According to a report published in 2017, an estimated 20 million people in the United States suffer from some form of peripheral neuropathy (PN). Since no single cause has been identified for its occurrence, conditions such as diabetes, shingles, and kidney failure play a significant role in its increase.
Let’s learn more about this disease and the treatment options available to combat PN.
Understanding Peripheral Neuropathy
The peripheral nervous system (PNS) is the part of the nervous system that connects nerves from the brain and spinal cord to the rest of the body.
Peripheral neuropathy (PN) is a condition that occurs when the nerves of the peripheral system are affected or damaged. This condition is so severe that it can result in impaired sensation, weak gland or organ function, and other aspects of health.
Because these nerves connect to different parts of the body, there are different types of peripheral neuropathy that affect people. For example, mononeuropathy, mononeuritis multiplex and polyneuropathy are some of its types.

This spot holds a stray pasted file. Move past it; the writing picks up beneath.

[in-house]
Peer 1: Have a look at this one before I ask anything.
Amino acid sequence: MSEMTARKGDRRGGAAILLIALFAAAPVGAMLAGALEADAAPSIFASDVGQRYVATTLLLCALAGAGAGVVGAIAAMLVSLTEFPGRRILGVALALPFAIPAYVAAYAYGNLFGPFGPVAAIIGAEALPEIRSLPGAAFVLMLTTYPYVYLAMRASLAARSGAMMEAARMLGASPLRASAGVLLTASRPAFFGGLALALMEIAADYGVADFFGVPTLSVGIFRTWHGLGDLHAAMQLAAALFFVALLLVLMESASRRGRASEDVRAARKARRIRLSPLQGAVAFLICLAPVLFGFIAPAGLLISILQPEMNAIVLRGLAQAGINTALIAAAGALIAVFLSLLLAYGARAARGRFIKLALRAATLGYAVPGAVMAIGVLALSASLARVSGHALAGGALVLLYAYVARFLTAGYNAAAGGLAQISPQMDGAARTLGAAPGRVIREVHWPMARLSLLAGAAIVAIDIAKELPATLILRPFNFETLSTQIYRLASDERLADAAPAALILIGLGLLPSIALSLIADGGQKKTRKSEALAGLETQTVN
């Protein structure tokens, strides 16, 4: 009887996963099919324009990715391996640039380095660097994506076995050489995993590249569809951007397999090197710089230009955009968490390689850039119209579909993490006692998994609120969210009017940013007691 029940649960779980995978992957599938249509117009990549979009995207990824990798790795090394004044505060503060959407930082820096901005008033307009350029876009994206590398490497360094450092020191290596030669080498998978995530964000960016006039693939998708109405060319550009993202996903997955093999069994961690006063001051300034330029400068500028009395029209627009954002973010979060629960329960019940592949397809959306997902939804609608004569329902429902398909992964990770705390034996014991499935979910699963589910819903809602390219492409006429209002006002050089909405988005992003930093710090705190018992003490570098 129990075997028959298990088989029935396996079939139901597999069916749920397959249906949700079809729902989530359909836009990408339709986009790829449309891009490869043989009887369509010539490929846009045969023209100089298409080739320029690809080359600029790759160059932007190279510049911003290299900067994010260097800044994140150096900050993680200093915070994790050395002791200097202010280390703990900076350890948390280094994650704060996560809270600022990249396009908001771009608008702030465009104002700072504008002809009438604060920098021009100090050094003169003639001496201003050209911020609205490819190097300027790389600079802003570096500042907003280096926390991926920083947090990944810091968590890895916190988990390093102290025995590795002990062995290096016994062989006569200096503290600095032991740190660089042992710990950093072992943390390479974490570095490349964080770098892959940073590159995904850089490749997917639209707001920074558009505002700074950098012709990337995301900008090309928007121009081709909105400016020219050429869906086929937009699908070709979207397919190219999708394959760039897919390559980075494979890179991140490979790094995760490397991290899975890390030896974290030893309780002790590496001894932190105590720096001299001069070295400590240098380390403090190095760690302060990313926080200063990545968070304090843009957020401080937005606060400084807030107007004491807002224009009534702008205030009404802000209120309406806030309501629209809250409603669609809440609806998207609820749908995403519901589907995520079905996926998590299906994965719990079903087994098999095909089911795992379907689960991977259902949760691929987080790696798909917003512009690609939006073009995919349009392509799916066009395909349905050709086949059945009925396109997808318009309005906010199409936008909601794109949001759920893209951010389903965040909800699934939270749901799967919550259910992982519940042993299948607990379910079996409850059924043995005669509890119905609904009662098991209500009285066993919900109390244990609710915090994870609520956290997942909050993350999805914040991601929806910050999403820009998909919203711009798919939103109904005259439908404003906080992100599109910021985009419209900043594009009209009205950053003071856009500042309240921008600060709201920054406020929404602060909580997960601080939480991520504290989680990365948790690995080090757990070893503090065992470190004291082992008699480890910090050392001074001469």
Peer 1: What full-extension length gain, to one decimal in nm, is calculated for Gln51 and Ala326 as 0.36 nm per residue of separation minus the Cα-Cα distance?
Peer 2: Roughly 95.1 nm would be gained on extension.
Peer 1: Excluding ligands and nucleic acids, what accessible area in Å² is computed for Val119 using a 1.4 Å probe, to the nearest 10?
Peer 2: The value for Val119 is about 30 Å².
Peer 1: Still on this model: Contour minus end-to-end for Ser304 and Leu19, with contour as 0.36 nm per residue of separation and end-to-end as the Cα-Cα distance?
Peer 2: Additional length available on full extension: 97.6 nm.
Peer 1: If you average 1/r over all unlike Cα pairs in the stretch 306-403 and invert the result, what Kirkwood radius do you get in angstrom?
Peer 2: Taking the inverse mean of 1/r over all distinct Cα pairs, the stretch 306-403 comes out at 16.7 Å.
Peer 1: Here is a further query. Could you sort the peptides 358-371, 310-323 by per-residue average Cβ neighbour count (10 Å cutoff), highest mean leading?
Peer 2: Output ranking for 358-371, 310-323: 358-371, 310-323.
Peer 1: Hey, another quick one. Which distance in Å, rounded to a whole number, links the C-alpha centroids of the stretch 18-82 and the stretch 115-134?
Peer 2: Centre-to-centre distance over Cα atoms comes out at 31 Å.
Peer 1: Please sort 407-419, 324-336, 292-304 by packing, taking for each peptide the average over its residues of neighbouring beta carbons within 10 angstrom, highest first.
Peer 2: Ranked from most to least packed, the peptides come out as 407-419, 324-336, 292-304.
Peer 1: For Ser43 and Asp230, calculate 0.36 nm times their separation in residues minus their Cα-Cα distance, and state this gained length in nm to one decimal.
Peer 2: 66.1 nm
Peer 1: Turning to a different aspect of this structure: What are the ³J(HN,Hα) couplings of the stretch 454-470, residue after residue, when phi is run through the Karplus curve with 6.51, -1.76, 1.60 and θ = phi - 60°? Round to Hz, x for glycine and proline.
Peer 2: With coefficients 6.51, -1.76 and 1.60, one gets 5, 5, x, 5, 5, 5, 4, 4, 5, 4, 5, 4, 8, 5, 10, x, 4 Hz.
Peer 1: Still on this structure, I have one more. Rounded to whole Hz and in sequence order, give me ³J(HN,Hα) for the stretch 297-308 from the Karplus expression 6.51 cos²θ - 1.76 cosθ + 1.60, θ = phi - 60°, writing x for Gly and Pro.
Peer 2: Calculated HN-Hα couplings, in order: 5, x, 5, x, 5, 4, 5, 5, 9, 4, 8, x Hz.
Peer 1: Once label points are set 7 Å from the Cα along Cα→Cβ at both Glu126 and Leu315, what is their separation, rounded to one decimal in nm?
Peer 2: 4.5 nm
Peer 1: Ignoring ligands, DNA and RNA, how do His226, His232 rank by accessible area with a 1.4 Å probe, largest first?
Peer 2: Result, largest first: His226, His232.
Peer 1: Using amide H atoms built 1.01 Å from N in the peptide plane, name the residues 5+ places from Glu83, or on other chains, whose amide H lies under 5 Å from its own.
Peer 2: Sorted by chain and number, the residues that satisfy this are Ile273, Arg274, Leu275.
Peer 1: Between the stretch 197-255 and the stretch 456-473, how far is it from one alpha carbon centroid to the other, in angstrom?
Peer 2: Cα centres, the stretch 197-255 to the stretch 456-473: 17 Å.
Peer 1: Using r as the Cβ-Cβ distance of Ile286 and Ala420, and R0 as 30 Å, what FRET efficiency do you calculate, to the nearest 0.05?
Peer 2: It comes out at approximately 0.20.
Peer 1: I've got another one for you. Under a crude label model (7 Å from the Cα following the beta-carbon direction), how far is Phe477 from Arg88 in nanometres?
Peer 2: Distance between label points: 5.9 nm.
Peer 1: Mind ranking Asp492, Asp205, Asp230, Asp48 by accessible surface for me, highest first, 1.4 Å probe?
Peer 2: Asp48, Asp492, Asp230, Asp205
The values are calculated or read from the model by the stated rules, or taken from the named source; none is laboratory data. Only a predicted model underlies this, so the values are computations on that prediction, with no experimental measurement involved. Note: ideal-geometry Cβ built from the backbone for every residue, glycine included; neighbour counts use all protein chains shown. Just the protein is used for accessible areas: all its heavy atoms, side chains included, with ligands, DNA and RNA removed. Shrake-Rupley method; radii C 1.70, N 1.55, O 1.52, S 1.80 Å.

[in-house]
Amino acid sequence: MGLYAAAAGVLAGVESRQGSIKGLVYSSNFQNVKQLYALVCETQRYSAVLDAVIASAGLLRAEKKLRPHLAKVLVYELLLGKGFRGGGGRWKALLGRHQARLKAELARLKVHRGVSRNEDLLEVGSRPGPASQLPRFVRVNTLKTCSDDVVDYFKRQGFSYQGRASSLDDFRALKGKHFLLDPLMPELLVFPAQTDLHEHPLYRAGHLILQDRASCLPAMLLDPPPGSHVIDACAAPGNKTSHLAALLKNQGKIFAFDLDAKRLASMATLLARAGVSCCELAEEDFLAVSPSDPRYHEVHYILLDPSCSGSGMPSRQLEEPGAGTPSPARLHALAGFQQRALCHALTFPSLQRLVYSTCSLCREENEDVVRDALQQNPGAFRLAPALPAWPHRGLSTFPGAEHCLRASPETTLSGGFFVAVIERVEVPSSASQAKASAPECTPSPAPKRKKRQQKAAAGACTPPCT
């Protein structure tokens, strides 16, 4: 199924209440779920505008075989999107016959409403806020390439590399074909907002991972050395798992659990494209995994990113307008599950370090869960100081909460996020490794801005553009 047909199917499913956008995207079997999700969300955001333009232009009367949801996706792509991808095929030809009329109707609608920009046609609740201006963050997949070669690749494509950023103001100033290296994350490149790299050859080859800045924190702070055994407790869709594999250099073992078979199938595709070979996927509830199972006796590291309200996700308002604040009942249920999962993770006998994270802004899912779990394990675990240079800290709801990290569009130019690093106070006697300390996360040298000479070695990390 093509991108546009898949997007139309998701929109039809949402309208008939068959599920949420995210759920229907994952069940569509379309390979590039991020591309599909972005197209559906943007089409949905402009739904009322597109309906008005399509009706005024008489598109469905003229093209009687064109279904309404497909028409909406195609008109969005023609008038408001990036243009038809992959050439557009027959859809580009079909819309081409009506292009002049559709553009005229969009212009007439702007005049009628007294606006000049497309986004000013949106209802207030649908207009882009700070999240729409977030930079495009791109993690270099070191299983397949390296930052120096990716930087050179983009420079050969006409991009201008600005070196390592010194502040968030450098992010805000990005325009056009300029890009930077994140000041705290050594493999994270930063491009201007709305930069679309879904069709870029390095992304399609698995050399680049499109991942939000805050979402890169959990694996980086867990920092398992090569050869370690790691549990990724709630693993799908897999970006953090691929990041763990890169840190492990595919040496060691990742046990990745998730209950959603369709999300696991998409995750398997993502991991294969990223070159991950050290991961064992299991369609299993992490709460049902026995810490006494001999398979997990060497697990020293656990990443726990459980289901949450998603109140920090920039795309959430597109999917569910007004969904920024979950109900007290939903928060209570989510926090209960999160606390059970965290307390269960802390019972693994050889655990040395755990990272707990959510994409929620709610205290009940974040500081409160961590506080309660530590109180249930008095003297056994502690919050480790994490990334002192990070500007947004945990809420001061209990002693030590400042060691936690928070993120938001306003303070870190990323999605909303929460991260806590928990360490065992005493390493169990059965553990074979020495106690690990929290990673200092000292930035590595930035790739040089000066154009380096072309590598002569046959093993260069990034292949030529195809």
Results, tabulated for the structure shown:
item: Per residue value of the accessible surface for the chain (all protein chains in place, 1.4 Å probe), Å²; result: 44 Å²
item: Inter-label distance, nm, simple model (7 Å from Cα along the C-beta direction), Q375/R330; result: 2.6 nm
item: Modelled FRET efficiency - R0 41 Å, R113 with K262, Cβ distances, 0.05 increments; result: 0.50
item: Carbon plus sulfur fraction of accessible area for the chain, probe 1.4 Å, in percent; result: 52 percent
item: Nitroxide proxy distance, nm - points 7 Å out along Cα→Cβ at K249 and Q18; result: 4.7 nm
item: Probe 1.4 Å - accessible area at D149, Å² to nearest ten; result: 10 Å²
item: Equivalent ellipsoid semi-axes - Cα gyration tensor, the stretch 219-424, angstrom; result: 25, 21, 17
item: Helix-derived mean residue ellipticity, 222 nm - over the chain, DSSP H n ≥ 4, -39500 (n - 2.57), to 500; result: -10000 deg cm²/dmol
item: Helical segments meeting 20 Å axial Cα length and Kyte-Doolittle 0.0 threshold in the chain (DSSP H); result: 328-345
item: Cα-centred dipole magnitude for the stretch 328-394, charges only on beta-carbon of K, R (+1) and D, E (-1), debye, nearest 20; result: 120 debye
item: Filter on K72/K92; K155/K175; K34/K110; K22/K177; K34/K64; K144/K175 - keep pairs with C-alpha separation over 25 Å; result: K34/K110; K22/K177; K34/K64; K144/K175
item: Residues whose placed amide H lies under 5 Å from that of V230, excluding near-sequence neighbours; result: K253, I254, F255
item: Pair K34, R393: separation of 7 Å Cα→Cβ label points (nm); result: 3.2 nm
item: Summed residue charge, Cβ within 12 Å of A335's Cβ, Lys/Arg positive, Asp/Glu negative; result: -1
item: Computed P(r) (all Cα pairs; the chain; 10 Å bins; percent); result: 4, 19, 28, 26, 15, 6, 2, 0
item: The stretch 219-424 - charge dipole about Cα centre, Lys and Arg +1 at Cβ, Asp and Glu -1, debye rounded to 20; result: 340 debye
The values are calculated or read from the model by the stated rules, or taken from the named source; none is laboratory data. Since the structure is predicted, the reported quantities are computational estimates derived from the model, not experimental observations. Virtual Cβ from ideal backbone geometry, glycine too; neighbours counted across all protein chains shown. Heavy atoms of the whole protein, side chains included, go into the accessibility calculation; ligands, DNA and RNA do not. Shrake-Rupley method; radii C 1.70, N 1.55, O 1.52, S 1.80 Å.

Peripheral neuropathy (PN) is diagnosed using blood tests, imaging tests, and nerve function tests (NFTs). However, some doctors also use nerve or skin biopsy to diagnose this disease. Early diagnosis of the disease helps in successful treatment of the condition.
Signs and Symptoms of Peripheral Neuropathy
The primary symptoms of PN include tingling, numbness, burning, pain, increased sensitivity to touch, muscle weakness, and nerve damage. Other symptoms of peripheral neuropathy include
- low blood pressure
- bowel incontinence
- excessive or lack of sweating
- constipation, particularly at night
- rapid heartbeat
- loss of ability to identify changes in the temperature
- muscle twitching and cramps
- double vision
- weakness in the fingers
- loss of balance and coordination
- muscle paralysis
- sharp pain, usually in the feet
- thinning of muscles
- erectile dysfunction in men
- difficulty in lifting the front part of the foot and toes
Typically, people with a family history of PN are the primary suspects for this disease. However, a variety of risk factors can trigger the condition, including obesity, diabetes, high blood pressure, vitamin deficiencies, and injury. Infections and autoimmune diseases such as herpes, chickenpox, Lyme disease, rheumatoid arthritis, and lupus can also cause peripheral neuropathy.
Treatment Options for Peripheral Neuropathy
Since PN is a disease that affects the nerves, treating the underlying cause helps to improve the condition. For example, if a patient has diabetes, curing the high blood sugar will immediately help relieve the neuropathic pain. Similarly, if a patient is an alcoholic, abstinence from the substance will help them get better.